Shopping the Aisles for Good Nutrition
Posted May 5, 2006
SAN FRANCISCO -- Marion Nestle, a long-time nutrition professor at New York University and veteran consumer advocate, is known in the nutrition world for her straight-shooting, no-nonsense style.
For years, she has hounded the food industry about its unrelenting marketing strategies, which she detailed in her 2002 book, Food Politics. She challenged the government to protect the country's food supply in her 2003 book, Safe Food.
And today she's touring a Safeway supermarket, explaining how Americans can shop for a healthful diet, the subject of her latest book, What to Eat: An Aisle-by-Aisle Guide to Savvy Food Choices and Good Eating (North Point Press, $30).
As usual, Nestle doesn't mince words on topics such as:
*Sugary cereals. "The latest trend in kids' cereals is to emphasize how many vitamins and minerals they have, but many of these are so high in sugar that they are really vitamin-enriched, low-fat cookies."
*Margarines. Most margarines are basically the same: mixtures of soybean oil and food additives. They are high in fats and calories. "I don't eat margarine. Why would you want to put soybean oil on your bread? I'd much rather put olive oil or butter. A little goes a long way."
*The soda and chip aisle. If you don't want your kids eating these foods or you don't want to eat them yourself, then "don't set foot in this aisle."
Nestle, who was a guest professor this spring at the University of California-Berkeley, doesn't want people to get her wrong. She loves to eat and she loves food, but she says Americans must realize that supermarkets are set up to tempt them to buy a lot of food.
"You have to know so much to navigate the store," she says.
If you want to eat a fairly healthful diet, shop the perimeter and pick up produce, fish, meat, low-fat dairy products and fresh-baked bread, and stay out of the center aisles, which often are loaded with processed foods, Nestle says. She recommends carefully reading the nutrition-facts panel and ingredient lists. If the ingredient list is several inches long and has additives you've never heard of, then put the product back on the shelf, she says.
Aisle-by-aisle advice from Marion Nestle:
Produce section. This colorful section often is located near the front, so it grabs shoppers' attention and pulls them into the store, Nestle says. It's a great place to start shopping, because most people need to eat more fruits and vegetables.
Many people are overwhelmed because there are so many choices. Nestle believes stores should offer taste stations so shoppers can taste different fruits and vegetables.
No matter what type of produce you buy, she advises washing all fruits, vegetables and lettuces, even when they're pre-washed and pre-cut. "Washing can't remove all microbes that could be harmful, but it takes care of most of them."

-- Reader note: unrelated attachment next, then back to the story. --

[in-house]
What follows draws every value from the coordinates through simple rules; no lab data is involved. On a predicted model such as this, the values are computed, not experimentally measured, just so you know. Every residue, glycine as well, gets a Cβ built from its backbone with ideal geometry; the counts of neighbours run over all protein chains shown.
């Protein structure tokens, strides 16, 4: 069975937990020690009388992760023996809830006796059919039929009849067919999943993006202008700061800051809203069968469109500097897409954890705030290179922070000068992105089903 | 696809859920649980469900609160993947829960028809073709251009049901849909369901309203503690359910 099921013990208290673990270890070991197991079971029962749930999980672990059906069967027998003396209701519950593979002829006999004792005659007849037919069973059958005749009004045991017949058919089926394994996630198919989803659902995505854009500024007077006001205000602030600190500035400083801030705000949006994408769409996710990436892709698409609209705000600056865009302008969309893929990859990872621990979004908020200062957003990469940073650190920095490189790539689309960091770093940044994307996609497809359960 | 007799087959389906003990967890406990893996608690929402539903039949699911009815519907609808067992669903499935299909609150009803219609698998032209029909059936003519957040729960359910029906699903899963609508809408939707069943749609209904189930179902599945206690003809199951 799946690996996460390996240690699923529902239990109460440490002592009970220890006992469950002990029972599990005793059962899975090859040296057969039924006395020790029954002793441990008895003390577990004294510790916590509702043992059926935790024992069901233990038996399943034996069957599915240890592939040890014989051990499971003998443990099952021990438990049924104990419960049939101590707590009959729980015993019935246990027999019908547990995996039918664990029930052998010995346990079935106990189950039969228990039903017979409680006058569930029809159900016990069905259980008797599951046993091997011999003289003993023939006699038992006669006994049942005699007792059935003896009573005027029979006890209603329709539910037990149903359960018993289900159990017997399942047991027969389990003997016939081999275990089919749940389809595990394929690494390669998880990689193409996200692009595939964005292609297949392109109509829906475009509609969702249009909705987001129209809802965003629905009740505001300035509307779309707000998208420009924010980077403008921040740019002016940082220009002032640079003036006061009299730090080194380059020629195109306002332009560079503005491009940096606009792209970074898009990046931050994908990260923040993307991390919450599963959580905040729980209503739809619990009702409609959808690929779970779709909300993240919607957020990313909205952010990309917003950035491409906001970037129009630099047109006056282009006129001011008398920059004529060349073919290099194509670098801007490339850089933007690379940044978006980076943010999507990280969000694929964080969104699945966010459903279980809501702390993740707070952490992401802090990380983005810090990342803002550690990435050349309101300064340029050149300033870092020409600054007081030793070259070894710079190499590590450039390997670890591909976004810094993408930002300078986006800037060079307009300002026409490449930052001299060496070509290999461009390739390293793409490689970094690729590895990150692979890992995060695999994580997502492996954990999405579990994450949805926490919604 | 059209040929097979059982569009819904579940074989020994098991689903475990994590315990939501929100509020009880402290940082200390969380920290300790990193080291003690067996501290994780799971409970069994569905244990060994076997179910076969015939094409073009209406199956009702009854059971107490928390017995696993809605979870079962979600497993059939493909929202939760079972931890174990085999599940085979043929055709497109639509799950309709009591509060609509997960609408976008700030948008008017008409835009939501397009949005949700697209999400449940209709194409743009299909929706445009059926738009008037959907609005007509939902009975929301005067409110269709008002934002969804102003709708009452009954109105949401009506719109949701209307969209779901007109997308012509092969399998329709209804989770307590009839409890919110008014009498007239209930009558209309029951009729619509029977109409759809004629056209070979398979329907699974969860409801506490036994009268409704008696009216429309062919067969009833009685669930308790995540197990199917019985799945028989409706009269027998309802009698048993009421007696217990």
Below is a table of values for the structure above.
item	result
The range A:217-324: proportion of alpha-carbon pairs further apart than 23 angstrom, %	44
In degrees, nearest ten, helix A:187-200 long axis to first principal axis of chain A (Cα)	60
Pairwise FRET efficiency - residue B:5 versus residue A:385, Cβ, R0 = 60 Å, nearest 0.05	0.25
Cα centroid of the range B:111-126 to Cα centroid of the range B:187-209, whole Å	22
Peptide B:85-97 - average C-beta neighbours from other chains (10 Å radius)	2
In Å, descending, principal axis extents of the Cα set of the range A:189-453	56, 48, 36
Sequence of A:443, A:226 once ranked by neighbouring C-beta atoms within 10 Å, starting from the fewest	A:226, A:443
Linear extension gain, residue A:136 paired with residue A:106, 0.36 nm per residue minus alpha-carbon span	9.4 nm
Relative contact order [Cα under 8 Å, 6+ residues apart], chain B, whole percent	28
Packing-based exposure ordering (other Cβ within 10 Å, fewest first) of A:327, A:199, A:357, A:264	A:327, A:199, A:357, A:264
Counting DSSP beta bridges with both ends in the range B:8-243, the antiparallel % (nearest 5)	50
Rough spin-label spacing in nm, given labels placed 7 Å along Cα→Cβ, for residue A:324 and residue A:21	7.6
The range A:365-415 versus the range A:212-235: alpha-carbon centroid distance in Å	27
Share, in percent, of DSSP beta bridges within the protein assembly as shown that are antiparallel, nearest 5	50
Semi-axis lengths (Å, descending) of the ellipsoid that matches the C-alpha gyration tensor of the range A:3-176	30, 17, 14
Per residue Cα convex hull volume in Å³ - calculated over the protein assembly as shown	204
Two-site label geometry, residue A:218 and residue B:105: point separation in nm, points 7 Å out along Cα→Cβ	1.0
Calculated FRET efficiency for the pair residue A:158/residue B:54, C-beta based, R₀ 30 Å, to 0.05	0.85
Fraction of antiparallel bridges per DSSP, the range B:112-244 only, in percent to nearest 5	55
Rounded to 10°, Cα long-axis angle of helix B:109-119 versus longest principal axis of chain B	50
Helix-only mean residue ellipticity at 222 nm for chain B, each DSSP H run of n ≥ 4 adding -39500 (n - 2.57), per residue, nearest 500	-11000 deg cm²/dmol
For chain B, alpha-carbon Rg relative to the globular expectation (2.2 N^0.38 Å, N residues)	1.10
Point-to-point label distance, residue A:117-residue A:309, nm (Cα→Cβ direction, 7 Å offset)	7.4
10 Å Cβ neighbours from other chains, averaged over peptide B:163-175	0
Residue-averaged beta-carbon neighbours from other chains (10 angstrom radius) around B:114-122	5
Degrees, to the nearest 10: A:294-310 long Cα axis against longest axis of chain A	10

Organic produce. If a product carries the "Certified Organic" seal, it has met the standards established by the Department of Agriculture. "Pesticide-free produce may not look as pretty, but if you want fewer pesticides in your body and in the bodies of your children, buy organic."
Cheese case. Cheese is high in fat, especially saturated (animal) fat. "There's no way around that. It's meant to be eaten in small qualities. If you are worried about your weight or saturated fat, cheese should be used as a condiment to add flavor in shavings or small pieces. Don't eat it piled high on pizza."
Low-fat cheeses may slash the calories and fat, but many don't taste very good. "I much prefer to save my calorie -- and fat -- budgets for really good cheeses and just not eat too much of them at any one time."
Yogurt case. Most types are loaded with sugar and fruit juice concentrates. "It's best to buy a low-fat, plain yogurt and add your own fruit."
Juice aisle. Juice has sugars but also plenty of nutrients. Kids can get those nutrients in six to eight ounces of juice a day. Juice drinks are another matter; they are just sugar water and, therefore, liquid candy, Nestle says. Don't let children have juice drinks except perhaps as a treat, just like any other candy or dessert, she says.
Bread aisle. White bread has too little fiber and too few nutrients for the calories. Instead, select 100% whole-wheat breads. Look for 100% on the label, whole-wheat flour as the first ingredient and 2 grams of fiber per ounce.
Meat counter. Don't be misled by labels. A meat package that reads 80% lean actually means it is 20% fat by weight, and this fat makes up more than two-thirds of its calories. So a serving from this package has 200 fat calories of its total of 280 calories. "That's food politics for you."
To see more of USAToday.com, or to subscribe, go to http://www.usatoday.com
Date: May 3, 2006 Nanci Hellmich
© Copyright 2006 USA TODAY, a division of Gannett Co. Inc.